Cower not, fierce readers! Though I am later than I'd like with this review, I am well pleased to tell you this is a tome worthy of Mr. Wright, and has plenty of crimes against Social Justice. To the charges!
Of course, our primary charge must be that this is penned by Mr. Wright. I won't go into those details again, but it is a heavy charge against this work.
Next charge: though our protagonist is a female, this is an action story, and there is violence against her. We are reliably told that even in war, this is unacceptable. Nor is she all capable, but instead has to find out her abilities. Very minor spoiler: she doesn't know who she is at the start, and part of the tale concerns that.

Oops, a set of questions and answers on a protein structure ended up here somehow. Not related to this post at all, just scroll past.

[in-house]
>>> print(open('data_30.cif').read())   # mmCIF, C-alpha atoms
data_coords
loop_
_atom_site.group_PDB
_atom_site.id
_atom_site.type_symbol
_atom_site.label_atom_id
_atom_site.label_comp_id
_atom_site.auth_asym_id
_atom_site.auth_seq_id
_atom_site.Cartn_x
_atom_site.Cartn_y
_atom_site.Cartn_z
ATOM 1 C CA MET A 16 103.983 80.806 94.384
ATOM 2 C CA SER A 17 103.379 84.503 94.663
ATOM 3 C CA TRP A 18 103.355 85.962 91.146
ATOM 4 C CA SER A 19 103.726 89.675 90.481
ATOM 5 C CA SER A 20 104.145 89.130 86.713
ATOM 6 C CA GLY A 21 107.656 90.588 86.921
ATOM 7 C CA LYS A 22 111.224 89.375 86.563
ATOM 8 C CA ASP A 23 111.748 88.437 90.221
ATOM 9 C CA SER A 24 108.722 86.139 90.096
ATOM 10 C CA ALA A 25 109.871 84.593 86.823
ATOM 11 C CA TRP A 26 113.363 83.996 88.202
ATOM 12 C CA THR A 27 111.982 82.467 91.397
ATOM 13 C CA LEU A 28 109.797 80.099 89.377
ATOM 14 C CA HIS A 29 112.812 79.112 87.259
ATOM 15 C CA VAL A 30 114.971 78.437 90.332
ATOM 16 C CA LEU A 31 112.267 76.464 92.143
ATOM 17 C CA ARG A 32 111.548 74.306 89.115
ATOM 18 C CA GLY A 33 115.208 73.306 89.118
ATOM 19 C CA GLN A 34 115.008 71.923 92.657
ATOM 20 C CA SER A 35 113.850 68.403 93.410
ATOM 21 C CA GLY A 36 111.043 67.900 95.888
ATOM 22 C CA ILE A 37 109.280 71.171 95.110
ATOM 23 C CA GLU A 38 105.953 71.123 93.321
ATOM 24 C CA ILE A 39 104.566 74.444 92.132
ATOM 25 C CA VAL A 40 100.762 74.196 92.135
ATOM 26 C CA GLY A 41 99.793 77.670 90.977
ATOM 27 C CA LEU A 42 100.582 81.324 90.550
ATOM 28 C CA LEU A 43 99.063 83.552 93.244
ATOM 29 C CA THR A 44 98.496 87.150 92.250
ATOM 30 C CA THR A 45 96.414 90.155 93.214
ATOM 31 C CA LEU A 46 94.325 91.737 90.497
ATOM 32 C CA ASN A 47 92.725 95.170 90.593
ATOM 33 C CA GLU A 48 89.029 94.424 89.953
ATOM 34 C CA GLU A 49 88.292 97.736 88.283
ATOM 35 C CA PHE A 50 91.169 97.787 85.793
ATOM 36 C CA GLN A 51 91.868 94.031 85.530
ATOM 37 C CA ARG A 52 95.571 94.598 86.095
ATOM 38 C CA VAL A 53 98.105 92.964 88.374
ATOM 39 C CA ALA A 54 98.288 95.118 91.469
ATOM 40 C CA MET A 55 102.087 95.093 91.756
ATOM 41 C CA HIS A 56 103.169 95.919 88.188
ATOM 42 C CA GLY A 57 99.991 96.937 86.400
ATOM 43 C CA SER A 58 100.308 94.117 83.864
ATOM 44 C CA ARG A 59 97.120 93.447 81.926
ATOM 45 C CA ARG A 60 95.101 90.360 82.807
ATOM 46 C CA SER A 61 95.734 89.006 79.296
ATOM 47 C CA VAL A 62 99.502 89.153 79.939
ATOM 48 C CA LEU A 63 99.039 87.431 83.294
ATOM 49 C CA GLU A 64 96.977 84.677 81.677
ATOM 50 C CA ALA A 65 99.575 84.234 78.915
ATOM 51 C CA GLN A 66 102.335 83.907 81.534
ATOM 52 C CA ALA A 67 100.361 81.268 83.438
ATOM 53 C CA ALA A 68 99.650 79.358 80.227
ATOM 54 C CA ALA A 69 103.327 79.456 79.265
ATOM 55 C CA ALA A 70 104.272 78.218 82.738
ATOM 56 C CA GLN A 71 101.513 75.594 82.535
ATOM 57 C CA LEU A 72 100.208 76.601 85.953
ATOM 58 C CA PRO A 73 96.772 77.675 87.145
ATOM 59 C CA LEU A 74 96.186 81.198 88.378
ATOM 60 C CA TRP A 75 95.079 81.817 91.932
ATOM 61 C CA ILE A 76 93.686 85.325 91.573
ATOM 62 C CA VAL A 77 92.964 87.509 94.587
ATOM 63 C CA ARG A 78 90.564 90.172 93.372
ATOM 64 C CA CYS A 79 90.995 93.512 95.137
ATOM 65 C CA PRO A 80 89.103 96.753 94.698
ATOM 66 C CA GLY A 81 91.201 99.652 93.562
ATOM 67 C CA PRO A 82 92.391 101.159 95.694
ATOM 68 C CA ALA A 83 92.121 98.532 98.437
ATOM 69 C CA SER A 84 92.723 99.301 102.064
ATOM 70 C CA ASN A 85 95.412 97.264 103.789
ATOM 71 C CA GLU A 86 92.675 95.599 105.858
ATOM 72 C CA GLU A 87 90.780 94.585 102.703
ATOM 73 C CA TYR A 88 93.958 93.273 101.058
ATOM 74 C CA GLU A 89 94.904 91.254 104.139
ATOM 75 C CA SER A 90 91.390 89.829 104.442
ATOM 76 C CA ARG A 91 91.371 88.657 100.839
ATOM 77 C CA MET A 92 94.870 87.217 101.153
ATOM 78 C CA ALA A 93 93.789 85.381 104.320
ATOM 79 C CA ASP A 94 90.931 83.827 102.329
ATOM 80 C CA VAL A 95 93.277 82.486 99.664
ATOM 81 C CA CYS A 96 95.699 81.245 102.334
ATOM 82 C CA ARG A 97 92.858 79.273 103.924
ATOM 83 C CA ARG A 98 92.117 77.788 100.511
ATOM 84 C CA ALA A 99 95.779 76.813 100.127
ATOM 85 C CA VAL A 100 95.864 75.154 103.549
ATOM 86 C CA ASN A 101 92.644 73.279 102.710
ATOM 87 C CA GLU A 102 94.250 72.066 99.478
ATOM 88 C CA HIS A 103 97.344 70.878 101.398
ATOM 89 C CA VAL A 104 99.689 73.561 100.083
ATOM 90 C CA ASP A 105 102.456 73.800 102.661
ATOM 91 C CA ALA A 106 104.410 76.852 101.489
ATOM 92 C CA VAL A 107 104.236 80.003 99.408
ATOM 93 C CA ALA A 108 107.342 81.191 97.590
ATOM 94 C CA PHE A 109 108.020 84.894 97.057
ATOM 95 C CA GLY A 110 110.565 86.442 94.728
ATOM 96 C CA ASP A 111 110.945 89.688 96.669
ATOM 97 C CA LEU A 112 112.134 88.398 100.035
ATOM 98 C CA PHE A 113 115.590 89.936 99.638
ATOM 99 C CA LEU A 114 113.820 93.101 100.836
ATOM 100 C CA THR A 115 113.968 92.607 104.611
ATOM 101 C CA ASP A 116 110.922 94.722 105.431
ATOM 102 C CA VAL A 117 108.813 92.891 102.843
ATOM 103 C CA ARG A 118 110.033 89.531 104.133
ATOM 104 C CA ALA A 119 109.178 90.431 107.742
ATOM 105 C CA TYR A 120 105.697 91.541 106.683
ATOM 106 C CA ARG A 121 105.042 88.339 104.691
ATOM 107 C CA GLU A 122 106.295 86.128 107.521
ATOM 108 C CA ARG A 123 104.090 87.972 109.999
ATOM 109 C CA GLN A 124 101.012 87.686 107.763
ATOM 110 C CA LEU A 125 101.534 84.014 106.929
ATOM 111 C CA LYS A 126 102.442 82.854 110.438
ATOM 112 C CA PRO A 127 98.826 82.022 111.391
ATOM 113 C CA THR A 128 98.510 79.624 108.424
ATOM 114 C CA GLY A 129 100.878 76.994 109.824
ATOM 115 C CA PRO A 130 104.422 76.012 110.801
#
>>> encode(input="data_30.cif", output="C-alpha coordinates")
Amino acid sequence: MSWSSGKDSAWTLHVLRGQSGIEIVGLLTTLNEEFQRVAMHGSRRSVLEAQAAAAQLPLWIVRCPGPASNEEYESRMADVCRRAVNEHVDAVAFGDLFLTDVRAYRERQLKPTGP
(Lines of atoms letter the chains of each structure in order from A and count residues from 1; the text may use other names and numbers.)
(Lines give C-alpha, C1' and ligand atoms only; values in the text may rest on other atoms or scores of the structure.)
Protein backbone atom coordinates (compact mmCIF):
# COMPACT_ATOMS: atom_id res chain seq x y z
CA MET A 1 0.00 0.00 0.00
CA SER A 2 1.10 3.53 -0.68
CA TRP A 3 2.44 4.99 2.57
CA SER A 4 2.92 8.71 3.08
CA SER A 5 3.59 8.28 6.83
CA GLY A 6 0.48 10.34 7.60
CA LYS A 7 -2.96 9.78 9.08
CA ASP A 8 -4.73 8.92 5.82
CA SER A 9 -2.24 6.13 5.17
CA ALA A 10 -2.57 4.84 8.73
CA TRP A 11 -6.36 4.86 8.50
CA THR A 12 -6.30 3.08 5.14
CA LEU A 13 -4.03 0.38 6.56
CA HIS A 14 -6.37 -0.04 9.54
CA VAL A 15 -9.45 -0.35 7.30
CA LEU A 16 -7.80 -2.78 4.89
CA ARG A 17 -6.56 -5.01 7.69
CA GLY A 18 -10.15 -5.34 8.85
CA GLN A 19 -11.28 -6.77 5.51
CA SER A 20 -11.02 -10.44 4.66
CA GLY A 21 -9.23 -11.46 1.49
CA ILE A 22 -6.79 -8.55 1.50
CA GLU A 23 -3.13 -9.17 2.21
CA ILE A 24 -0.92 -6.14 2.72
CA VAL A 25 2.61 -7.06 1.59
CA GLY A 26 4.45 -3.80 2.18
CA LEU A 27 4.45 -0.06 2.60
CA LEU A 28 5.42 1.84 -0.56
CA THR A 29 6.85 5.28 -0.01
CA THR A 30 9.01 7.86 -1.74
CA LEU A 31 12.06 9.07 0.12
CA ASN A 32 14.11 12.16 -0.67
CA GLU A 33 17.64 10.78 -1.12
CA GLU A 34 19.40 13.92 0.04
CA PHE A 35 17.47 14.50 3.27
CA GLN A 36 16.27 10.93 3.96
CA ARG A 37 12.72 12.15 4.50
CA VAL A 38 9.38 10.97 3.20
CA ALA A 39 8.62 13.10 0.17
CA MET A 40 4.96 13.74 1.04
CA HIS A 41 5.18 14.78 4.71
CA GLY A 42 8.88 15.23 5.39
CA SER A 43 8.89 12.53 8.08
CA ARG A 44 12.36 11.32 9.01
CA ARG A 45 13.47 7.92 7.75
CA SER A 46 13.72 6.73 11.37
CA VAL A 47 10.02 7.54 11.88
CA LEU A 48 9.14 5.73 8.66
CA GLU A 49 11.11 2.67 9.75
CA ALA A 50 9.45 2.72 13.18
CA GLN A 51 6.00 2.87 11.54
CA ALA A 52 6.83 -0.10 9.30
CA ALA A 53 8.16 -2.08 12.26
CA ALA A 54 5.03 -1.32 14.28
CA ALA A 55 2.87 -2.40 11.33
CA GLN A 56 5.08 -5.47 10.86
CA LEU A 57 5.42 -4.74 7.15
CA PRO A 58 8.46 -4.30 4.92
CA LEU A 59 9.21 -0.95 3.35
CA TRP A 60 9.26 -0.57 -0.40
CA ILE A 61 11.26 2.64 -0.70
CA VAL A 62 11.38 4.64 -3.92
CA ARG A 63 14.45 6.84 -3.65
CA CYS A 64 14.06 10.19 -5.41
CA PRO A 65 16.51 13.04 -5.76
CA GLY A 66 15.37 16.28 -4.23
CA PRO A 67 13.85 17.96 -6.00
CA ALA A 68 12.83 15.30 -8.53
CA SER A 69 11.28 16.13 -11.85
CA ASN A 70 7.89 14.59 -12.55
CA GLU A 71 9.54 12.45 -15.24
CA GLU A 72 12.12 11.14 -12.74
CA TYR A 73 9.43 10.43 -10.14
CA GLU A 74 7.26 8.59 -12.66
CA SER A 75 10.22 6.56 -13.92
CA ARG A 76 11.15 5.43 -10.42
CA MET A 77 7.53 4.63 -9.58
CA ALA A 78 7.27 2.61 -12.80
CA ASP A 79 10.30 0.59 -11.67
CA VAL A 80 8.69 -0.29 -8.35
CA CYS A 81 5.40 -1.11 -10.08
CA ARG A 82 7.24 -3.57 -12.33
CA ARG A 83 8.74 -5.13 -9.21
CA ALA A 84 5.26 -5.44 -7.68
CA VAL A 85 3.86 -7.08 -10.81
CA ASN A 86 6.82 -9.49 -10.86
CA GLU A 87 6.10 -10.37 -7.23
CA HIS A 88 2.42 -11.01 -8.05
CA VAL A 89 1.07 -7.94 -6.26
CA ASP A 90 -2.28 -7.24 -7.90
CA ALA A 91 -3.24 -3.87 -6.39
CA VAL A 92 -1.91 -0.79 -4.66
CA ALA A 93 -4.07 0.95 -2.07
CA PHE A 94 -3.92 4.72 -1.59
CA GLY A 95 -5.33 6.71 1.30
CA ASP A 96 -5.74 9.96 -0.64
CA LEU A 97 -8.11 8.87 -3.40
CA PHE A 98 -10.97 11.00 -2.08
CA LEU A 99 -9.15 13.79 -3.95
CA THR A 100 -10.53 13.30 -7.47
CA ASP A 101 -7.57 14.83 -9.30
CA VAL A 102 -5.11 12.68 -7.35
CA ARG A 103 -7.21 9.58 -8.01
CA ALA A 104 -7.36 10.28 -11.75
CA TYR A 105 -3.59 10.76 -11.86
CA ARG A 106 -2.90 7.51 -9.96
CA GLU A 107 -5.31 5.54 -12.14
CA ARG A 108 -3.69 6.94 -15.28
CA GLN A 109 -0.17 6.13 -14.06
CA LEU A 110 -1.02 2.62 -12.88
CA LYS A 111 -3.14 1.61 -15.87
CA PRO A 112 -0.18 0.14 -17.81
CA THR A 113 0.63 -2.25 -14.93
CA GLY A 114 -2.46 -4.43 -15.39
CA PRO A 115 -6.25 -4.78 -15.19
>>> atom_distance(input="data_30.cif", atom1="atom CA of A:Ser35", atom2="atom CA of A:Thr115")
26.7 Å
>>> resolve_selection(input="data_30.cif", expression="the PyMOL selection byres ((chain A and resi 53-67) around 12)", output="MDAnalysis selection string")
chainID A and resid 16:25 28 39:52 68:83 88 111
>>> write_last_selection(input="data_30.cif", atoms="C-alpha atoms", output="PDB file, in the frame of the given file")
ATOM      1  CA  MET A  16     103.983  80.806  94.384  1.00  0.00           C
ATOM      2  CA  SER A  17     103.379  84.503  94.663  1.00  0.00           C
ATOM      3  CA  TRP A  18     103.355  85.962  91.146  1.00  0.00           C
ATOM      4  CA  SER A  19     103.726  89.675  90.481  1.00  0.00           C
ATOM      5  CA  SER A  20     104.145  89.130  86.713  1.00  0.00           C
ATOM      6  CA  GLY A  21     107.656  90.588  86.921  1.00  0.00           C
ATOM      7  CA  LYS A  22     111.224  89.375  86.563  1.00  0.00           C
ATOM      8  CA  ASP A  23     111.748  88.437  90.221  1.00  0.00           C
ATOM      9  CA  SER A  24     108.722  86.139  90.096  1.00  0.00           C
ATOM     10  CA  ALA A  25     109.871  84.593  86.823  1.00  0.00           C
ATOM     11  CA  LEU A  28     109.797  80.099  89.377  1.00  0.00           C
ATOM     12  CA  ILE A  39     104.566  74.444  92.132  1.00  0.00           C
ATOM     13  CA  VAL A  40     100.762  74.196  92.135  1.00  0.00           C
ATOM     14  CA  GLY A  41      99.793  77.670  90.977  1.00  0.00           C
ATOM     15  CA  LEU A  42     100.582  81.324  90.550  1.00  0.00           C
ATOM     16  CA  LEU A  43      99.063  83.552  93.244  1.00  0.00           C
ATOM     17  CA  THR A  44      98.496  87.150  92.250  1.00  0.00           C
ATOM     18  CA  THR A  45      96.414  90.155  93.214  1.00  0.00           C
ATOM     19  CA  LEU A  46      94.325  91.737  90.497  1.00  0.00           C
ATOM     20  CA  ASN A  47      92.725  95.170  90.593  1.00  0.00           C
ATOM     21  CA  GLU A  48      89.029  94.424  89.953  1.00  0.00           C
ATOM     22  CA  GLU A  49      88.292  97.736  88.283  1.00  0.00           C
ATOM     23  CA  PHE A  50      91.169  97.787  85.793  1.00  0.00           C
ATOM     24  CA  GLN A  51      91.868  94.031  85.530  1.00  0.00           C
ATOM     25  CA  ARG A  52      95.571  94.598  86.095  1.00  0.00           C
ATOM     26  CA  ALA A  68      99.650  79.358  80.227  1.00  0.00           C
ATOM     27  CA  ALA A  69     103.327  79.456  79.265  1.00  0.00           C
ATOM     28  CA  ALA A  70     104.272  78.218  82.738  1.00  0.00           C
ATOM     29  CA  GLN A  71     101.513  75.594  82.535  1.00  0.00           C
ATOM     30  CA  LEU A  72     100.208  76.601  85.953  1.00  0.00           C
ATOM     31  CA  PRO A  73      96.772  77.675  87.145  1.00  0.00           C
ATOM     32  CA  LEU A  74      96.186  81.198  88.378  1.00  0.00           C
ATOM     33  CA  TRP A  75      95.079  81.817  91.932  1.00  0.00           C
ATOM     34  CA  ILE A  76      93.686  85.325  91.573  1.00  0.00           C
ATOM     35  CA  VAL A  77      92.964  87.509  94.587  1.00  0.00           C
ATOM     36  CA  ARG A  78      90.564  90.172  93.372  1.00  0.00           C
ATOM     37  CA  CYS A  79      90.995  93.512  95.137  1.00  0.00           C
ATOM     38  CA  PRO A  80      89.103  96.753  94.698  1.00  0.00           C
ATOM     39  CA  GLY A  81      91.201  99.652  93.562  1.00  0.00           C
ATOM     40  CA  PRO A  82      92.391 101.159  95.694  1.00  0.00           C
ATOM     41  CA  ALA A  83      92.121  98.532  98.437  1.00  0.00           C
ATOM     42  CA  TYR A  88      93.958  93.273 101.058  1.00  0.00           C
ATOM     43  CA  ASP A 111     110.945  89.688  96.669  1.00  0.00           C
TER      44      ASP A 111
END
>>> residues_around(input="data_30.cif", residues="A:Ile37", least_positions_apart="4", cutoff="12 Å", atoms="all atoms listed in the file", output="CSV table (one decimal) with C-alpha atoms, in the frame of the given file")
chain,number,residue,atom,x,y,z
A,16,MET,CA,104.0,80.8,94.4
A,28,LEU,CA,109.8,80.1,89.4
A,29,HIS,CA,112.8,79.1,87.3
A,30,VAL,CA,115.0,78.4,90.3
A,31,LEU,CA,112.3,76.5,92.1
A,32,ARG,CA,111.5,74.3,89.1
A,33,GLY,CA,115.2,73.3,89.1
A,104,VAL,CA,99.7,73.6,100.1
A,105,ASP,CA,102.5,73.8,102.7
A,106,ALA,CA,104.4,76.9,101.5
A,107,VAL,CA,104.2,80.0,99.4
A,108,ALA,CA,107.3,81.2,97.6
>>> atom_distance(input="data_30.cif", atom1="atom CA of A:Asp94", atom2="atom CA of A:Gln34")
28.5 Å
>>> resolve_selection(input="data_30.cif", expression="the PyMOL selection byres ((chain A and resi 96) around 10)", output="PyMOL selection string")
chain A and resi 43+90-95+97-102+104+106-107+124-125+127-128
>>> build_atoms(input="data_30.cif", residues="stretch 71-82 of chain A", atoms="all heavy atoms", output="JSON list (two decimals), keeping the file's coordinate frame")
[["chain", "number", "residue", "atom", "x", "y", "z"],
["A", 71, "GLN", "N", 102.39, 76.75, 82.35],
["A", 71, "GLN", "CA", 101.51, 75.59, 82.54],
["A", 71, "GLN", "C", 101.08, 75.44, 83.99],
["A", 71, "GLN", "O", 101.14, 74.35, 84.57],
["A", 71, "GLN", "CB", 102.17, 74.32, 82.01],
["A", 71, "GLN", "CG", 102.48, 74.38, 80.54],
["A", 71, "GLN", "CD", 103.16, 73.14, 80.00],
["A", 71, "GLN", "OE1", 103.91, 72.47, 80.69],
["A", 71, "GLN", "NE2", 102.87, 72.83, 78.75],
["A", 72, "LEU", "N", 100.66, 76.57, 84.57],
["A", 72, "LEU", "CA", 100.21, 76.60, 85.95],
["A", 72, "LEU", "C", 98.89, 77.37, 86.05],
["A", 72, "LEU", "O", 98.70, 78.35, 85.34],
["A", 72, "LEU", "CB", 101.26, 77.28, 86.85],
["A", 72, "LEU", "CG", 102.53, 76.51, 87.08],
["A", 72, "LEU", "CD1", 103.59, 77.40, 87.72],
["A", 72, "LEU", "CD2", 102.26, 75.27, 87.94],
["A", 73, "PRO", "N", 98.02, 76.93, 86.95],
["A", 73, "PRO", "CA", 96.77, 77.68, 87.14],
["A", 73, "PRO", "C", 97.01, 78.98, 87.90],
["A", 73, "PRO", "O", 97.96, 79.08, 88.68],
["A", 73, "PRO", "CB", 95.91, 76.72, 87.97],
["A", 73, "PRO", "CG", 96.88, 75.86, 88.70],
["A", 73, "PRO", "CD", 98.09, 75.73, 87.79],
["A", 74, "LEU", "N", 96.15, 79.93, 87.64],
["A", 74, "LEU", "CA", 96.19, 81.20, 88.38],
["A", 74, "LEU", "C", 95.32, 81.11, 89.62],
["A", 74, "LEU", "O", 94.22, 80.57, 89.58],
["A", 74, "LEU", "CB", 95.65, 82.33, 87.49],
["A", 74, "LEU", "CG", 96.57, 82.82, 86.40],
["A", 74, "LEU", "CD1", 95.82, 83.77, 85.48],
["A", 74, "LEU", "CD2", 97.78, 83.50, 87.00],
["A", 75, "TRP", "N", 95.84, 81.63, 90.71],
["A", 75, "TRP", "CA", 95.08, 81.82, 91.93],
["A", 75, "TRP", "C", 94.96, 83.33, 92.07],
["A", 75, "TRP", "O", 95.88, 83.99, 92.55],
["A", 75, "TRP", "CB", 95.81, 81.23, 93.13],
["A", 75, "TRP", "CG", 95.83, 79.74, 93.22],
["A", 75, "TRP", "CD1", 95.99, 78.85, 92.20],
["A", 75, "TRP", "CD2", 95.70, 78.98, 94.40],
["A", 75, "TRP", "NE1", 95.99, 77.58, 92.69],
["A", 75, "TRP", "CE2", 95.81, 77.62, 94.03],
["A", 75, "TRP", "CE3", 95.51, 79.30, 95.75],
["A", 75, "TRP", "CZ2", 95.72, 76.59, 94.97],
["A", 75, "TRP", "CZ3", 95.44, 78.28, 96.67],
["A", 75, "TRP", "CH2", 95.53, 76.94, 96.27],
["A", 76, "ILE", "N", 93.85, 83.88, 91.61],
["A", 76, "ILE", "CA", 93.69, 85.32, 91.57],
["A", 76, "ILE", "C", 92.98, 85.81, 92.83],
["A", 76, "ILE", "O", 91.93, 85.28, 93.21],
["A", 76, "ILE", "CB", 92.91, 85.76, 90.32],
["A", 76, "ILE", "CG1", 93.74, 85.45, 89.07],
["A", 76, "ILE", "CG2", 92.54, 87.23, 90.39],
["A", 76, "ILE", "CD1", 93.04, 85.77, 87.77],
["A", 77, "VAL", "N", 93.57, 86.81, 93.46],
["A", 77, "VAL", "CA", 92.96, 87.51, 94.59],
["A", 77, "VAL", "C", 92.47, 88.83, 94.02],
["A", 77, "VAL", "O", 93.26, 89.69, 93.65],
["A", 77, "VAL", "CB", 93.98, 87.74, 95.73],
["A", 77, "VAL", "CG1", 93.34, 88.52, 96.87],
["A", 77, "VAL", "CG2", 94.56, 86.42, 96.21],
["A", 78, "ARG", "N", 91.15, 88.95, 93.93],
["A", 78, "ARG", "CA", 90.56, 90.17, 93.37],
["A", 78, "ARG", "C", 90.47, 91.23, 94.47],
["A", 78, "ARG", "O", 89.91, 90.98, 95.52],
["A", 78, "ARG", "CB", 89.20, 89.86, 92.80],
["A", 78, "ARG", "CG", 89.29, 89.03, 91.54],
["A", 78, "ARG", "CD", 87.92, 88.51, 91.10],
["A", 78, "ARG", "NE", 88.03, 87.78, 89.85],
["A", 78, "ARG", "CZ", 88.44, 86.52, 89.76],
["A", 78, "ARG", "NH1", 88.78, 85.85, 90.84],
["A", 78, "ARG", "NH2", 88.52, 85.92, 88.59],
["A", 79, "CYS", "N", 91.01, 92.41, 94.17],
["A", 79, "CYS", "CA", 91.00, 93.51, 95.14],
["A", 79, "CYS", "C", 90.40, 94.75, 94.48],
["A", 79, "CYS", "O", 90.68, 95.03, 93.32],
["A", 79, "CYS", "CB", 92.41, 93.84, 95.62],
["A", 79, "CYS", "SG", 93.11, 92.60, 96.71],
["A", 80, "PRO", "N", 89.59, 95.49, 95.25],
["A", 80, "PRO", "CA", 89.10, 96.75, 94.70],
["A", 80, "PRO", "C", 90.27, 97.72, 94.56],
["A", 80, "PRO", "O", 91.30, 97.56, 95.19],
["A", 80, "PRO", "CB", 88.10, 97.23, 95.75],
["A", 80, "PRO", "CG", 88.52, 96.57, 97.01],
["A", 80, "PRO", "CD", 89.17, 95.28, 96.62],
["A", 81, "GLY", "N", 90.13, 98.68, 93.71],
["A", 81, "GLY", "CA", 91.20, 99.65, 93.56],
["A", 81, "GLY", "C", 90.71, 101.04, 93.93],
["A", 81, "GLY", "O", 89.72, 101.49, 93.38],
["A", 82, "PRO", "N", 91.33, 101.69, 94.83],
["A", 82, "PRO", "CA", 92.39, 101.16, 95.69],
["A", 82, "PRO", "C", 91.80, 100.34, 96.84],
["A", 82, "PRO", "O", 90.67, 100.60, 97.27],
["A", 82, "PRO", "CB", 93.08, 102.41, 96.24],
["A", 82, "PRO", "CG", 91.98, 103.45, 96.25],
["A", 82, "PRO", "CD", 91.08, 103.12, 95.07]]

Of course, we must face the charge that there is good and evil within this book. And while things are perhaps not so well defined as in the Green Knight's Squire arc, there's good reasons for that, and they are still very palpable. We have counts of honor and trust observed and given freely to face here as well.
While there are more charges that could be leveled at this tale, I'm going to set them aside for more standard discussion of the book. We briefly get a glimpse of some of our friends from the earlier tales, and while there's little time or interaction, it is good to see old friends.
While I loved Swan Knight's Son, THIS is the book that makes me hope the graphic adaptation of Quantum Mortis does well. It begs for it, between the type of story we are told, and the characters. So please support that project, that this might become reality.
9 of 10 fell deeds
When you play Social Justice, the world loses.